We were merely freshmen.

There are times when I feel like the blogger community is like a high school. There are the ‘cliques’ – the weight loss bloggers, the mommy bloggers, the design bloggers, the sports bloggers, etc. And just like in high school, people can be in multiple cliques. The seasoned bloggers are like the upperclassmen, and the new bloggers are like the freshmen.

Right now, I am the freshmen, looking up to all of these upperclassmen. I want to be taken under someone’s wing, to learn what to do and what not to do. What’s appropriate, what’s not.

Often I find myself reading blogs and wishing that I could be friends with the person in real life. I really don’t mean for that to sound creepy. And don’t get me wrong…I have a lot of wonderful friends. But none of them blog. I doubt many of them read blogs at all. If I brought up dooce or The Pioneer Woman, I am pretty sure I’d just get blank stares, even though they are both wildly popular web sites.

When it comes to weight loss bloggers, I especially find myself longing for that connection, that friendship. Here is an entire community who knows what it’s like to be overweight. They share their experiences, their successes, and their failures. I find it all incredibly inspiring.

Here’s the thing: I’ve never really had a fat friend. That’s not necessarily because I didn’t want a fat friend; to the contrary, I think it would have been nice to bond with someone over weight issues. Instead, I always had thin/average friends. Friends who could eat normally. Friends who didn’t understand what it was like to struggle with their weight. Friends who could cross their legs, shop at the Gap, fit into an airplane seat comfortably.

I rarely, if ever, talked about my weight. I didn’t want it to define me. And obviously, my friends don’t care that I’m overweight. I doubt most of them even realize how much I hate being fat or how insecure I really am.

I’ve always been the funny girl. I don’t know how much of that personality was developed because of my weight, but I do know that it’s a pretty common thing. Fat girls are either really quiet and shy and try to blend in to the woodwork, or they are outgoing and funny and everyone’s friend. I don’t know why I became the latter. I don’t know if I would have been that way even if I wasn’t overweight. I do know that I tried to be nice to everyone because I didn’t want to give anyone a reason to be nasty to me. If I pissed someone off, I knew that being fat would be the first thing that would be used against me. In my youth, it happened a few times, and I wanted to avoid that embarrassment at all costs.

I tried hard never to be self-deprecating about my weight. Not so much for myself, but for others. You can tell that it makes thin people uncomfortable when an overweight person starts making comments or jokes about their weight. I didn’t want anyone to feel uncomfortable. I felt uncomfortable enough for everyone.

I remember when I started reading a few weight loss blogs a few years ago. I remember feeling like I had that “a-ha!” moment. Oh my God…I wasn’t alone after all! There were other people who binged. There were other people who tried every diet to no avail. There were other people who understood what it felt like. There were people who had been successful in losing weight.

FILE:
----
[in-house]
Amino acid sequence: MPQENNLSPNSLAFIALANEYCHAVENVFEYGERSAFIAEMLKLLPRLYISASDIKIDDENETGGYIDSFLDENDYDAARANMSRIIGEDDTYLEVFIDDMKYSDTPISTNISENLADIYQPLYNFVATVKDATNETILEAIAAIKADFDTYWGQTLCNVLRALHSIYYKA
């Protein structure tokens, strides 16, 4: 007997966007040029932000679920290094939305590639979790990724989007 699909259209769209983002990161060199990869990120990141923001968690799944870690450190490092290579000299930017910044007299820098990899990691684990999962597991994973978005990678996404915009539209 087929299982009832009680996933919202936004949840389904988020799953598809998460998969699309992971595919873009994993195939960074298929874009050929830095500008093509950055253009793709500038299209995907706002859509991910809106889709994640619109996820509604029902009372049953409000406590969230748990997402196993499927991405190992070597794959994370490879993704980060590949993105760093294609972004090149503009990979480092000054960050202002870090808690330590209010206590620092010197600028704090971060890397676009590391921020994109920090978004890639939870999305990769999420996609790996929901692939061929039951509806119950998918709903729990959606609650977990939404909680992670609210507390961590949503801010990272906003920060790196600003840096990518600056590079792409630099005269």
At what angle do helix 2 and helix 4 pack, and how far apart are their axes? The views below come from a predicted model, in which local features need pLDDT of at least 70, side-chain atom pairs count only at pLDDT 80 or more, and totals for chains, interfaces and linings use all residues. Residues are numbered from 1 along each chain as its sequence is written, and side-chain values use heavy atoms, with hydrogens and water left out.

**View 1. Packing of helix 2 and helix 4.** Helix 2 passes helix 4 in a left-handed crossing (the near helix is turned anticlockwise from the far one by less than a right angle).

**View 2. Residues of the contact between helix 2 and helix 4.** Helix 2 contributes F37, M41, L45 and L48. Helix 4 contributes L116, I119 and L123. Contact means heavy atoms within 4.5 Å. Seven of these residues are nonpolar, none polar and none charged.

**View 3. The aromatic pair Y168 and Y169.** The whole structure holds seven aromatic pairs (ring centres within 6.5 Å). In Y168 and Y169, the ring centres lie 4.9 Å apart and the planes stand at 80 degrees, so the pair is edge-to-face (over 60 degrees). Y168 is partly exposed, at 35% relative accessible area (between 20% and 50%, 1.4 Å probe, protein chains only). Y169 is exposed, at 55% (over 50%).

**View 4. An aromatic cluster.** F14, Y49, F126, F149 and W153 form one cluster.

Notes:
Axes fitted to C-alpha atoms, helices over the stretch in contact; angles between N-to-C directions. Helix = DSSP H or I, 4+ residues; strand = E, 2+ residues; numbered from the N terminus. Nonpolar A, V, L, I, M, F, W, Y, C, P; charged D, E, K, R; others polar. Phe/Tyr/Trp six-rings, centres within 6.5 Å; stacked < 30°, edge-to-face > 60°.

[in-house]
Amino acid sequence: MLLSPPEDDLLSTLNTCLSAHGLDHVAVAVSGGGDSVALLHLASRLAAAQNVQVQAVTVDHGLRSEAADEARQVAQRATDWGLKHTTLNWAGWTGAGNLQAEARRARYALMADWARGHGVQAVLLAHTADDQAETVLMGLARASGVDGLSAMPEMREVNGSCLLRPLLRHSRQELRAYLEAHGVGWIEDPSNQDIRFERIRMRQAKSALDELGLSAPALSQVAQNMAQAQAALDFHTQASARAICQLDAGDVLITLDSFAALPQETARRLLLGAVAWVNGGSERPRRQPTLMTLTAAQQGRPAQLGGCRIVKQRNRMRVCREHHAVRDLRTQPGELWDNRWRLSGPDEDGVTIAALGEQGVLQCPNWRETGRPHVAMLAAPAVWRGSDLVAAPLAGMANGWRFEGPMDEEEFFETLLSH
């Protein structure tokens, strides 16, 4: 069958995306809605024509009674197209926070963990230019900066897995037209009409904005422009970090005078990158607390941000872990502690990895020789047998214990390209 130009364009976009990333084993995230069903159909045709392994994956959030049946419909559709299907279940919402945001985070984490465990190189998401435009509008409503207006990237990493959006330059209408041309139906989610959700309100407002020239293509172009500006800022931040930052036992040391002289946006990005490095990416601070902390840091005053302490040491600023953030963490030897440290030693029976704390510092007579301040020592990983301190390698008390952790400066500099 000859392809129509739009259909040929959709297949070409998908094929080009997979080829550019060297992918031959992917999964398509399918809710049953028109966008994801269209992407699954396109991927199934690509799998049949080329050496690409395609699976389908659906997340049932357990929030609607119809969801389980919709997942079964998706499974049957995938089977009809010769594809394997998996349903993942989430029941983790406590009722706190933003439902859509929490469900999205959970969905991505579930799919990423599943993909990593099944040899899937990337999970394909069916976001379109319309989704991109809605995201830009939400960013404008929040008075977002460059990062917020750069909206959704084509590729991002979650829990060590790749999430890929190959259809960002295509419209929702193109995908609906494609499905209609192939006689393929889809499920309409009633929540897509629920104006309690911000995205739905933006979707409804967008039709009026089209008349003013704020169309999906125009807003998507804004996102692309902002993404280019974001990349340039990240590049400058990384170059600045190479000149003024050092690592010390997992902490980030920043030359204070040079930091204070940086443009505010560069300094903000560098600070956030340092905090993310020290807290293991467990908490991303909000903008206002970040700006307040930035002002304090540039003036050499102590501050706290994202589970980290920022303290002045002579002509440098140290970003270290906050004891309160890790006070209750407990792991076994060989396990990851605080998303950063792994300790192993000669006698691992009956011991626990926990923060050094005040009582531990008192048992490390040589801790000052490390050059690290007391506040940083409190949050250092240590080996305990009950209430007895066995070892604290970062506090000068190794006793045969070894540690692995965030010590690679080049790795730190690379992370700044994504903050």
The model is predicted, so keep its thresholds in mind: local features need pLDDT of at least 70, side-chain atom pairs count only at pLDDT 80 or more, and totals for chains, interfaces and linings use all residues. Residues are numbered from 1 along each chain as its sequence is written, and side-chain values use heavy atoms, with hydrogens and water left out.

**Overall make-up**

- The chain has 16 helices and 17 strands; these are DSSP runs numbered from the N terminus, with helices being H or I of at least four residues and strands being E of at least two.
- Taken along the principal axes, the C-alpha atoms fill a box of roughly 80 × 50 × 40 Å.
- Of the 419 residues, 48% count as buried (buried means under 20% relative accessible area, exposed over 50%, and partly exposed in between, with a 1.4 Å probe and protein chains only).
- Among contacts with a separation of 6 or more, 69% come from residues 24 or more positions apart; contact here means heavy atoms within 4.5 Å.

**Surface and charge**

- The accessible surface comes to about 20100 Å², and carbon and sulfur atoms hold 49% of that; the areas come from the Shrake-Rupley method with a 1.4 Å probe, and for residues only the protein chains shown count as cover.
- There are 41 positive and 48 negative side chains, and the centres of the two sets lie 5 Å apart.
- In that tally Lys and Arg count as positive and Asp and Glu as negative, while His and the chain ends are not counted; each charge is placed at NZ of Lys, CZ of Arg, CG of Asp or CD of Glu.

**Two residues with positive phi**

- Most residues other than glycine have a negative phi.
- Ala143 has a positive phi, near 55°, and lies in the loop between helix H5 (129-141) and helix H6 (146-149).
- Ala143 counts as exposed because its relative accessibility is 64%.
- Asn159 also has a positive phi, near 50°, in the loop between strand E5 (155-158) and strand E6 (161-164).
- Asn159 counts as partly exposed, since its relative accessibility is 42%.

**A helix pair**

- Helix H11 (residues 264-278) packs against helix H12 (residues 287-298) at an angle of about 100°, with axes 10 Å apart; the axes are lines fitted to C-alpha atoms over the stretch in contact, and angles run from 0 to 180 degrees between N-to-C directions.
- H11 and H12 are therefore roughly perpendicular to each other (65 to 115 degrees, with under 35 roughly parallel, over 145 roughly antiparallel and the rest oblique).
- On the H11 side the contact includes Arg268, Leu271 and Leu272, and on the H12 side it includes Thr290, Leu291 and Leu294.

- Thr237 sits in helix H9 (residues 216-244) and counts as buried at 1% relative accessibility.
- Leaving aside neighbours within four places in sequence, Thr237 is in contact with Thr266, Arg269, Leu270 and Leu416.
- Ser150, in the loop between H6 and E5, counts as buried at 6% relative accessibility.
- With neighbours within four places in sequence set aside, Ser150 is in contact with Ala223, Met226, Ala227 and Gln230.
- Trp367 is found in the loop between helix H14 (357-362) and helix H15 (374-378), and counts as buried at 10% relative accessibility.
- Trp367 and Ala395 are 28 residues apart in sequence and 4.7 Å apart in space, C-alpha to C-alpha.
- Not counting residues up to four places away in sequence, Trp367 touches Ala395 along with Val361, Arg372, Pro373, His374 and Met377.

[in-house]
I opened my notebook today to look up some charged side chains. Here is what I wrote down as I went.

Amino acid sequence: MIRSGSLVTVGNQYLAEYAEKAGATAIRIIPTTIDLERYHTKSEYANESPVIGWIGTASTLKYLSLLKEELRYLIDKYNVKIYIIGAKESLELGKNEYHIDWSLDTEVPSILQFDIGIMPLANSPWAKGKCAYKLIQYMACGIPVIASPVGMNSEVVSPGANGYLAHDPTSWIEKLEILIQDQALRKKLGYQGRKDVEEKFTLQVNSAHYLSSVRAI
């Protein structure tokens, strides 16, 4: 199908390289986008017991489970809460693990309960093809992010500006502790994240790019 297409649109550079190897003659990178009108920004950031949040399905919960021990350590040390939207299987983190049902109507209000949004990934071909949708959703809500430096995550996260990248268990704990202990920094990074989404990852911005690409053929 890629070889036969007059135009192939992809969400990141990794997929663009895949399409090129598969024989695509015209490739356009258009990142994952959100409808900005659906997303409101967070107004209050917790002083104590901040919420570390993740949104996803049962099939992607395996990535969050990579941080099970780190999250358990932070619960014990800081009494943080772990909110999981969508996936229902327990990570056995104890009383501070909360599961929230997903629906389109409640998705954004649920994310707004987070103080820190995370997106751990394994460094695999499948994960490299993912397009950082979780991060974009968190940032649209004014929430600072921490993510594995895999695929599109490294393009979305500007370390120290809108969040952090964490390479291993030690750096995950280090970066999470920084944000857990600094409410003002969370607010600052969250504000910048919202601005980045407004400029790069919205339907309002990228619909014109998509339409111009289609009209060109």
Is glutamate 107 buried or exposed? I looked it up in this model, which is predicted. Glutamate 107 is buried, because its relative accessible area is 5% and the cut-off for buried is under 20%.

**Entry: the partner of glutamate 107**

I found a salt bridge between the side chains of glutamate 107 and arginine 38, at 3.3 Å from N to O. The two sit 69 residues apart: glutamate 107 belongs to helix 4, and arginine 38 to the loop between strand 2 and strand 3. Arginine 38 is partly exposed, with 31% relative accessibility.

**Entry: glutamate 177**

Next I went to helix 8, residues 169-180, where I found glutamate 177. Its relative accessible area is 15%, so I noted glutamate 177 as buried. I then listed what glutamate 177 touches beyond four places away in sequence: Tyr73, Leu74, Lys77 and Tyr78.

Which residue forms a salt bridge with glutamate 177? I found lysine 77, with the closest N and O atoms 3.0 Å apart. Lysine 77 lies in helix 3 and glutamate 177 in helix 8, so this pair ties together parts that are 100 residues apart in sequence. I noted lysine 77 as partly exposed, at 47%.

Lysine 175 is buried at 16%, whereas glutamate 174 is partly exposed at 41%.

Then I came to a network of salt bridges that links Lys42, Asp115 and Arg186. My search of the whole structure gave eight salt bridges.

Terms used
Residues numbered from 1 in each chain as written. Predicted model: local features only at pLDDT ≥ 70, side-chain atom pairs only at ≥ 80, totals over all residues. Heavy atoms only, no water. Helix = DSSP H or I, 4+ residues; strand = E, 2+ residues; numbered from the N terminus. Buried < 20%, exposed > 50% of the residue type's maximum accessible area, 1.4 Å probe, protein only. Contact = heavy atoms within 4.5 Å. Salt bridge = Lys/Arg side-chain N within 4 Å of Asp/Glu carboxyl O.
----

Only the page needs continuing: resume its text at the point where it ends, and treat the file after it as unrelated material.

I began to realize that I could learn from them. That their experiences could inspire me, help teach me tactics that I could use to start living a healthier life.

It seems strange and somewhat unnatural to feel connected to someone you’ve never met or spoken to. But I feel that way with a lot of bloggers. I check their blogs, I know what they ate for dinner, how much they exercised that day, what the name of their spouse is. I sometimes feel like I’m a voyeur into this person’s life. But I guess that’s kind of what blogging is about. I guess that’s why I am blogging, too.

None of my friends or family members know that I’ve started this blog. And I’m not sure when or if I’ll tell them. Part of me would like for them to read it, to try and get a glimpse into what it’s like to try to lose 150+ pounds.

On the other hand, I don’t want them to know how much I weigh. My weight has always been my most closely guarded secret. And I know it seems silly. It’s just a number, and it’s a number that’s going to go down over the coming months and years. But right now, I feel that if anyone I know in real life saw that number, I would panic. I find myself wanting to talk about my weight loss on Twitter, but I’m too afraid. There are people that follow me who know me in real life. I’d love to announce when I write a new post or bring more traffic to my site. But right now, that is just too much for me. I hope that, in time, those feelings will change. I don’t want to have to hold things in any more.

I guess what I’m trying to say is that I feel like a bit of an outsider right now. And that’s understandable – I’ve been blogging for what, 3 weeks? I know it takes time. I just hope that eventually I can become friends with some of these people who I know so much about but have never met. People who are tremendous inspirations to me, people who I can learn from.

I swear I’m not creepy. I just want to feel like I’m part of something.

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4 Responses to “We were merely freshmen.”

  1. Becca Says:

    Erin – I found your blog about a week ago and couldn’t agree more with this post. Blogging is very much like high school!

    PS. I don’t think it sounds creepy at all 🙂 Stop by my blog if you need a bloggie friend!

  2. theplumpvegan Says:

    I enjoyed your post tremendously!
    ~ a fellow freshman 😉

  3. Jenn Says:

    This is the most honest posting I have EVER read. You nailed it right on the dot – every single thought. I had to read it twice!

    I’ve been feeling the same way recently. Sad, alone, nervous, intimidated.

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